Kang T.,KIOST | Kang T.,Inha University | Min W.-G.,Dokdo Research Center | Rho H.S.,Dokdo Research Center | And 2 more authors.
Journal of the Marine Biological Association of the United Kingdom | Year: 2014

This study aimed to determine the potential impact of an oil spill on intertidal meiofauna at a clean, sandy beach in Korea. This objective was accomplished by examining changes in the structure of meiofaunal assemblages after a controlled oil spill of different concentrations on the beach. The concentration of total petroleum hydrocabon (TPH) in the experimental plots after oil application was expectedly higher for the first 4 d compared to before oil application. The TPH concentrations decreased at a faster rate in the first 4 d, and then progressively. The sharp decline in meiofaunal density in the experimental plots during the first 4 d after the spill might be attributed to the short-term toxic effects of the oil. This suggestion is supported by a significant negative interaction of the TPH on meiofaunal density during the study period. The period of low density of meiofauna also coincided with the maximum concentration of TPH in the sediment. The multivariate indices proved to be highly efficient, showing that samples contaminated with oil had high TPH concentrations, and were partially separated in terms of meiofaunal communities from samples before oil application or samples with low TPH concentrations. The structure of the meiofaunal communities in the experimental plots was similar before and 1 month after oil application. However, the density of meiofauna sharply decreased immediately after oil application in the experiment plots. Furthermore, the meiofaunal density recovered slowly as time passed. © Marine Biological Association of the United Kingdom, 2013.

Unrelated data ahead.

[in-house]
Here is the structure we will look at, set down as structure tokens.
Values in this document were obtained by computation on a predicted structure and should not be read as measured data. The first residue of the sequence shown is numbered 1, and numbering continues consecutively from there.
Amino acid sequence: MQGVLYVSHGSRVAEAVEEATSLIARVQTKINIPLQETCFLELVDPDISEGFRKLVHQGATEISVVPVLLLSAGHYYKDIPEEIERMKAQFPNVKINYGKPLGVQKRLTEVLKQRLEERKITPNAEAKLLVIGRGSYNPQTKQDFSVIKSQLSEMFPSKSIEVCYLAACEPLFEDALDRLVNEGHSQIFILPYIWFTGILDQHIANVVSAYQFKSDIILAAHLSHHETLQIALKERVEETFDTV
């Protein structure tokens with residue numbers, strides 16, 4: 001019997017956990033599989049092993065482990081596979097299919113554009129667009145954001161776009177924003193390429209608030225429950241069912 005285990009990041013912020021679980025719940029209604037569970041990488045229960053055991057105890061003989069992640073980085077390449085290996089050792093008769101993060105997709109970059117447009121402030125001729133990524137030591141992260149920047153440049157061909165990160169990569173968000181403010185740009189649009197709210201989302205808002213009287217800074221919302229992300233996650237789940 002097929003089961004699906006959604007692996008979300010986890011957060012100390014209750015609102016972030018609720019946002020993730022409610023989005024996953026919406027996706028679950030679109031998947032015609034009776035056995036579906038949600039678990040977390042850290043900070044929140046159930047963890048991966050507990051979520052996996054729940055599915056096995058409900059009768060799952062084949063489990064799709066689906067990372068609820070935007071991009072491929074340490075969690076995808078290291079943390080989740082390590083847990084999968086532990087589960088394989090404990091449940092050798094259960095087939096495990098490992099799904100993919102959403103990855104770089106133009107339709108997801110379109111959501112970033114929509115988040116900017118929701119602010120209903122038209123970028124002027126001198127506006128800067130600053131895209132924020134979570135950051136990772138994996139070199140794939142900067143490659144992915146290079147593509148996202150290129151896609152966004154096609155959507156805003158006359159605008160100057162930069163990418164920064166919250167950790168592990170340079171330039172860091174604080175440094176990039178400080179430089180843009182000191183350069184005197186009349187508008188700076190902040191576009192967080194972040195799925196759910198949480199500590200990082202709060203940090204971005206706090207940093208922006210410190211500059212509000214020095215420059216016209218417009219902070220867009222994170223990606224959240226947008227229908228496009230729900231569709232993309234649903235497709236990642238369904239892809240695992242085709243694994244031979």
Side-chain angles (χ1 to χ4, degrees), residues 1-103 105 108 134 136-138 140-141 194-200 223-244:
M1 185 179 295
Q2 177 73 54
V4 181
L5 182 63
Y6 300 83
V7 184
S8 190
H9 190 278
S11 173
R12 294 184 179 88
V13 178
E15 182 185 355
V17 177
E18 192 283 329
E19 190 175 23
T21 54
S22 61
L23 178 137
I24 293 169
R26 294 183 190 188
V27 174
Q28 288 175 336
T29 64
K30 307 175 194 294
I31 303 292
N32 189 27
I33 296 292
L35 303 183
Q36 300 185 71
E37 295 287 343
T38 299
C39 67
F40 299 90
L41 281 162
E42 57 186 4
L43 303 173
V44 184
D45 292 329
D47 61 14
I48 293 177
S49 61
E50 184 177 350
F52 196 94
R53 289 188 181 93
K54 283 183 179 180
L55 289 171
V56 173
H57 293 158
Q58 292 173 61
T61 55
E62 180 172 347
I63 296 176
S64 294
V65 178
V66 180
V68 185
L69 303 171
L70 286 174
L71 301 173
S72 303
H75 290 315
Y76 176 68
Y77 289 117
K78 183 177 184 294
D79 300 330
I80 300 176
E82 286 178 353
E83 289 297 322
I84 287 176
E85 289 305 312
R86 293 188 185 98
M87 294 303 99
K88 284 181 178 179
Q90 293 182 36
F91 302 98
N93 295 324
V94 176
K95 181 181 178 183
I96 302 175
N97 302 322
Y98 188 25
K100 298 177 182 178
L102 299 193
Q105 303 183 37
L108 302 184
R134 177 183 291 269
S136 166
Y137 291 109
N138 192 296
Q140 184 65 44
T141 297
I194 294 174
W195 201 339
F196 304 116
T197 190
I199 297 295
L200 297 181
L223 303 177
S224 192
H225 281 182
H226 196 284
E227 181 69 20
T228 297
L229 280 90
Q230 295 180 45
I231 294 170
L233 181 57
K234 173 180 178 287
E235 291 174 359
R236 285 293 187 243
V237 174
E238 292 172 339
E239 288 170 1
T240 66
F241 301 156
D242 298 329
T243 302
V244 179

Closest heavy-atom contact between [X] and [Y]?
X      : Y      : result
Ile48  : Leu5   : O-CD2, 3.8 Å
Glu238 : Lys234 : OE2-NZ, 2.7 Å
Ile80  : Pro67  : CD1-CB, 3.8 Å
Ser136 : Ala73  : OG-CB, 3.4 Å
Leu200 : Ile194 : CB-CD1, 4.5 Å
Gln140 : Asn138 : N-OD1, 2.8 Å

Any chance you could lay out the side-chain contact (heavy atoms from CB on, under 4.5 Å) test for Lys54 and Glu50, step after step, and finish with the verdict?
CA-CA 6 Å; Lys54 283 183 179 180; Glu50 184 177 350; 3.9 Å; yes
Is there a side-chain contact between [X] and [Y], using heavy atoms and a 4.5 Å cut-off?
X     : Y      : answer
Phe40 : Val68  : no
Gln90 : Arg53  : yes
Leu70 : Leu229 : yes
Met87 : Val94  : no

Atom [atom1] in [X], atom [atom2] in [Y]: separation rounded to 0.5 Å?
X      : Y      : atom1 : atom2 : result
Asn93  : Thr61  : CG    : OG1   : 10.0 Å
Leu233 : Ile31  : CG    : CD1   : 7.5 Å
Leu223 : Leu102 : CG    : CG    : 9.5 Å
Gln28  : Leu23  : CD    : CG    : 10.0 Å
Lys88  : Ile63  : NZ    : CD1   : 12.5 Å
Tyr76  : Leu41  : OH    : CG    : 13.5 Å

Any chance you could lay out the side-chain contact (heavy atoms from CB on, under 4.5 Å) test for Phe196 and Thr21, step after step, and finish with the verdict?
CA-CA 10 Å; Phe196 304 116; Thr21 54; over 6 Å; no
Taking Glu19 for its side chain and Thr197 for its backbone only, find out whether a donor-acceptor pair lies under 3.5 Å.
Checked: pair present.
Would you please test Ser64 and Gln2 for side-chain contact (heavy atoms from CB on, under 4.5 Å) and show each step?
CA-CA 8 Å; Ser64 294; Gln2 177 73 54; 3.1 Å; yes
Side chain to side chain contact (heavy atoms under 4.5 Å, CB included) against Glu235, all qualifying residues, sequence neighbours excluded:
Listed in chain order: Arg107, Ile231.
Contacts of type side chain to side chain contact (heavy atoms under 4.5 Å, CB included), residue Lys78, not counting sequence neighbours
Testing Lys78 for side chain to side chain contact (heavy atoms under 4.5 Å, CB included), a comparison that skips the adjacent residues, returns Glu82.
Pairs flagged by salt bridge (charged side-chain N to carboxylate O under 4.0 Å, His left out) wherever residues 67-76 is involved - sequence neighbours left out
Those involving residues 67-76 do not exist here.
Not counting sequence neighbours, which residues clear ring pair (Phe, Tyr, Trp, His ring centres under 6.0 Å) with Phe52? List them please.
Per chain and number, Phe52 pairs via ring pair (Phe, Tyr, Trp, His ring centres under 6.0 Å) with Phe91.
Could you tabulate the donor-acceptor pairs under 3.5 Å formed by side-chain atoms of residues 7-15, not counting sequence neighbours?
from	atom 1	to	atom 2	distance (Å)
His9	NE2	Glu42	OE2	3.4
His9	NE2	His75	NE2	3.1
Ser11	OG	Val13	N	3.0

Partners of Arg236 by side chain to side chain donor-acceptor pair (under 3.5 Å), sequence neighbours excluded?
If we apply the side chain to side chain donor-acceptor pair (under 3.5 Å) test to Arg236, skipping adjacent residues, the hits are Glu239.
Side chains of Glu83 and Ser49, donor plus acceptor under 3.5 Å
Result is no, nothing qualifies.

Lee H.-M.,Pacific Ocean Research Center | Lee H.-M.,Korean University of Science and Technology | Yoon K.-T.,Pacific Ocean Research Center
Ocean and Polar Research | Year: 2014

Macrobenthic biodiversity in the rocky intertidal areas of the Tae-an region, Republic of Korea, has decreased since the Hebei Spirit oil spill in December 2007. We aimed to investigate ecological roles of Pacific oyster (Crassostrea gigas) because recruitment and growth of oysters are critical to the recovery of damaged rocky shore ecosystem. We surveyed two sites monthly: natural rocky substrate and farming substrate, from July 2012 to January 2013 to identify and compare the changes in macrobenthic fauna. The abundance of young oysters was higher at the natural site. On the other hand, the mean height of oyster on the farming substrate was more than twice as great. The abundance of oyster at the natural site increased until October and then continuously decreased until end of study period. However, the abundance of oyster at the farming site constantly decreased from the beginning of study period. These different growth patterns might be attributable to spatial competition between oyster and a barnacle species (Balanus albicostatus) and environmental factors. At the natural site, physical stress factors including dramatic temperature changes and desiccation a few of the major factors limiting growth during aerial exposure. In addition, motile macrobenthos could be detrimental to oysters because they interrupt filter-feeding activities and hence hamper the growth of oysters. We show the higher recruitment of oysters at the natural site and healthy growth in the farming substrate are due to complicated differences in physical and biological stress factors.